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Go Back   Thoughts Media Forums > APPLE THOUGHTS > Apple iPhone, iPod Touch, iPad

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Old 01-18-2011, 04:33 PM
Eric Juillerat
Thoughts Media Review Team
Join Date: Sep 2010
Posts: 15
Default Noreve Cases: Haute Couture For Mobile Devices

Product Category: iPad, iPhone Cases
Manufacturer: Noreve Saint-Tropez
Where to Buy: [Affiliate]
Price: $55.98 - $97.66 USD (tested)
System Requirements: iPad, iPhone 3G
Specifications: Features vary by model.


  • Good value;
  • Soft and supple leather;
  • A luxurious presentation for your iProducts.


  • Some fit issues;
  • Mechanical annoyances;
  • Belt clips need improvement;
  • Still a bit pricey.

Haute couture is a French term reserved for clothing of the finest craftsmanship, most exclusive materials, and one-off custom-fitted design. In this world beads are often jewels, and threads are commonly made of real gold and silver. I can speak to this directly, as my wife studied at the Haute Couture House of Lesage, in Paris, France. I myself, have held a dress valued at nearly half a million dollars. But one question has since beseeched an answer: when draped in such a work of art, how does one dress their electronics to match? Noreve Saint-Tropez elegantly presents the answer in their line of Haute Couture cases for mobile devices.

Noreve luxury leather cases offer a solution that is bespoke of class and style. The cases were shipped in boutique feeling black boxes with a silver embossed logo and image of the famous Church of Saint-Tropez. Upon opening the boxes the pleasant and luxurious scent of new leather tickled the nose, not unlike the scent sensation that encompasses you while seating yourself in a brand new Bentley GT Coupé I am told.

Let's face it; if you're an iPad or an iPhone, it's been darn hard to find a nice outfit, and one that fits properly! Noreve aims to solve this problem with a full line of cases for the iProducts and all those other phones everyone uses; though I didn't see a case for my VERTU Constellation Pure, or Ulysse Nardin "Chairman" - oh couture indeed!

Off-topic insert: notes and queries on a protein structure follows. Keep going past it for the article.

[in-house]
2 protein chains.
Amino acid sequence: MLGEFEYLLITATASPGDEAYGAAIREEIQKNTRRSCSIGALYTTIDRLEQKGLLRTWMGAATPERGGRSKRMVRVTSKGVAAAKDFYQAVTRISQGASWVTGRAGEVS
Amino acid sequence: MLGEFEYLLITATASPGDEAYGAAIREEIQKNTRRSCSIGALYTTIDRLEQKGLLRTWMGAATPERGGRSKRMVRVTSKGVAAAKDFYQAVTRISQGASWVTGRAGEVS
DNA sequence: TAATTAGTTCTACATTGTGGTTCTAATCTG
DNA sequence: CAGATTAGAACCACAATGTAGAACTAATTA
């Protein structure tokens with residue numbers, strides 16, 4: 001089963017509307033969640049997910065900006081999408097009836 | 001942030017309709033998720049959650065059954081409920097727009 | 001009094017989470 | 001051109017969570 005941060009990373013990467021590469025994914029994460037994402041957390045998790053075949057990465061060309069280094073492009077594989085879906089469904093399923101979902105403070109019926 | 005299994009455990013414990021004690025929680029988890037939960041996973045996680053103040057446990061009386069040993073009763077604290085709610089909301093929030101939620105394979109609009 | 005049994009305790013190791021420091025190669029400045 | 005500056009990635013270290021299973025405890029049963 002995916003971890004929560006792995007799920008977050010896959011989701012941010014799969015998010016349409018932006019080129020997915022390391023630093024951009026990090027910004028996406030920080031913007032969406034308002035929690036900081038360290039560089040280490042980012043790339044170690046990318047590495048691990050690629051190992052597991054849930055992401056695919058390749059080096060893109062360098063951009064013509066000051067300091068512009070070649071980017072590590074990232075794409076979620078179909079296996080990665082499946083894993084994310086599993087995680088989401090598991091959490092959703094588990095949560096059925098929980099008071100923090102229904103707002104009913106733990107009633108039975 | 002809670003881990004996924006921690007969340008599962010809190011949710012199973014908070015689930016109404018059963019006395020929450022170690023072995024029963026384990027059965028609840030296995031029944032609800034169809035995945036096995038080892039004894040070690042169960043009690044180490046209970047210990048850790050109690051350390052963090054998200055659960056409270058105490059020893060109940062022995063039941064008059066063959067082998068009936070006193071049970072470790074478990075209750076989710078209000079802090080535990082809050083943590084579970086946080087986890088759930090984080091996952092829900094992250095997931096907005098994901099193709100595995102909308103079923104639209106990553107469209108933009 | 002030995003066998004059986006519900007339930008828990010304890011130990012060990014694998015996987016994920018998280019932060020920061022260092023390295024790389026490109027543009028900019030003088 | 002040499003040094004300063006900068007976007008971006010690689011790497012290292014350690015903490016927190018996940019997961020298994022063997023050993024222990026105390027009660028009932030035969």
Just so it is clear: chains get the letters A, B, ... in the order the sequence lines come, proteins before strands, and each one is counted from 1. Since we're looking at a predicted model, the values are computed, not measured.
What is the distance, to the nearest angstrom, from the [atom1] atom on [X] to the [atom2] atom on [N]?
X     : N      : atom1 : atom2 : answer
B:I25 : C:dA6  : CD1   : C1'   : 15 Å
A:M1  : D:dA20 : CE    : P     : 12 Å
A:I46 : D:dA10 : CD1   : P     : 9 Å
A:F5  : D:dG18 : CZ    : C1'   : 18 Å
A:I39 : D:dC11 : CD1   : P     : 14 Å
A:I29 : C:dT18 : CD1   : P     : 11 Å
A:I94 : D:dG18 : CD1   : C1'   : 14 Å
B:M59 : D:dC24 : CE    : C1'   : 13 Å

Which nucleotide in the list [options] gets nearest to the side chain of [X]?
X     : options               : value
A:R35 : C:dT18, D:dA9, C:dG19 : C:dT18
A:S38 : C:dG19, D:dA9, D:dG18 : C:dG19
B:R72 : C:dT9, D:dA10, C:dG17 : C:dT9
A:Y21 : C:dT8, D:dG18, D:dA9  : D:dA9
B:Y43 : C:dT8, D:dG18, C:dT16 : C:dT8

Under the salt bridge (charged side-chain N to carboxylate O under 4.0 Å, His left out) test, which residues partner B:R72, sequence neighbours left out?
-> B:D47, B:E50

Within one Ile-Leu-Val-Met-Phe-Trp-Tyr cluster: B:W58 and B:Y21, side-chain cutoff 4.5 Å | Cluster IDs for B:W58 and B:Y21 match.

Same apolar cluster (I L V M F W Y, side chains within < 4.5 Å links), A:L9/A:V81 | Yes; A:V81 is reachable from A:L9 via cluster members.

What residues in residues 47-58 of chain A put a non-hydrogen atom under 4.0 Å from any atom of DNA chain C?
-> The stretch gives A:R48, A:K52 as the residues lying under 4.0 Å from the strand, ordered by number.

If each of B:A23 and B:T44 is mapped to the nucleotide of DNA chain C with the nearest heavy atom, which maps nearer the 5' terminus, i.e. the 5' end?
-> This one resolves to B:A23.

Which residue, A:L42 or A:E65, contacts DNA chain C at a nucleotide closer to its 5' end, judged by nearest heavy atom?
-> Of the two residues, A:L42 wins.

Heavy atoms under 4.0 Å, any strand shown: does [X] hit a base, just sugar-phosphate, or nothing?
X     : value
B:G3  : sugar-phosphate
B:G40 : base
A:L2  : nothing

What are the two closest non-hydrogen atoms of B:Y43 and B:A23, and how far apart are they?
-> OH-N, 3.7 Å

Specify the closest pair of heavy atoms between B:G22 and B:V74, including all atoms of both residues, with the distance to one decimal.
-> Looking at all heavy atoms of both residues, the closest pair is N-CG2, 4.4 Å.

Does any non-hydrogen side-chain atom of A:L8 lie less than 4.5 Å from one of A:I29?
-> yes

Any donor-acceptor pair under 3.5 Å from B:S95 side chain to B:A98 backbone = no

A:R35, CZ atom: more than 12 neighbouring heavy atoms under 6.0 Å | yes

Exceptional Selections for the Ambitious

Noreve has several options for your choosing including the type and color of the leather. For the iPhone 3G, I was sent a black Tradition case from their Ambition Selection. The Ambition Selection is a high quality pebble grained leather with a - more or less, matt finish.

Figure 1: Case and Point.

For the iPad, I was sent a Tradition case from their Exceptional Selection in the Sandy Vintage - or café au lait shade, if you like. The Exceptional Selection leather is a suede that undergoes a special tanning process to preserve its natural characteristics. Oils are then applied to give the leather an extra smooth and weathered finish.

Figure 2: A case you could cuddle with.

While I especially liked the weathered look on the iPad case, both leathers were soft, supple, and luxurious to the touch. They both appeal to one's desire to hold them and keep them close. I am not sure I have ever wanted to hold my iPad so much as when it wore the case, but I digress.

The iPad Tradition

The iPad Tradition is a leather portfolio-style case that is secured with a magnetic button closure. Inside, the Tradition case has pockets for business cards and small papers or pamphlets.

Figure 3: A case that frames the iPad well.

But the piece de resistance is the way in which the case holds onto the iPad itself. Most iPad cases involve a bezel/sleeve to retain the device; some have elastic straps. I find both solutions unattractive. Here, though, the iPad is held in place with unobtrusive form-fitting handles, and friction. The Noreve solution allows the iPad to be displayed in its grandeur while tightly and neatly holding the iPad in place. The fit is superb, and a leather edged iPad - well my friend, that is divine.

Figure 4: Flap deployed.

On the back is a stiff leather flap that acts as a stand for using the iPad in landscape mode on a hard surface. It is secured to the case with a ballistic ribbon and two plastic snaps that require some force to release. When fastened, the flap tucks flat, and neatly away acting as a natural part of the case itself.

All in all, the iPad Tradition case is a sumptuous solution begging to be caressed. It carries like an important book, and feels significant in hand. To arrive with an iPad in this case is to make an entrance.

Figure 5: Wrapping the iPhone in leather.

The iPhone Tradition

The iPhone 3G Tradition case is a clamshell styled case with a snap closure. The lid wraps the phone from bottom to top, providing adequate protection for the screen while inside a European Men's Carry-All, or while on a belt; I use a belt, not that there's anything wrong with the purse. Inside there is a pocket for business cards, making good use of the lid. The iPhone is held with friction by two handles on each side of the case, just as the iPad was - if not as securely. The design leaves some exposure to the corners of the phone, but ultimately provides good business-environment protection. Included with the case is a plastic belt clip with 360 degrees of rotation and a push button release. As with the iPad case, this case was a pleasure to hold and introduced an upscale feel to the iPhone.

In Use: The iPad Tradition Case

Did I mention I like to hold this case? I could cuddle with it. Unfortunately that doesn't exactly mean it is best suited for the way I use the iPad. I prefer to use the iPad while lounging on the couch, and in landscape mode. This means that I have to fold back the lid and manage the flap, button closure, and side to side movement they all present. If setting on a table, the rear flap can be deployed. But the options for adjustment are two; deployed or closed, and this can mean uncomfortable angles.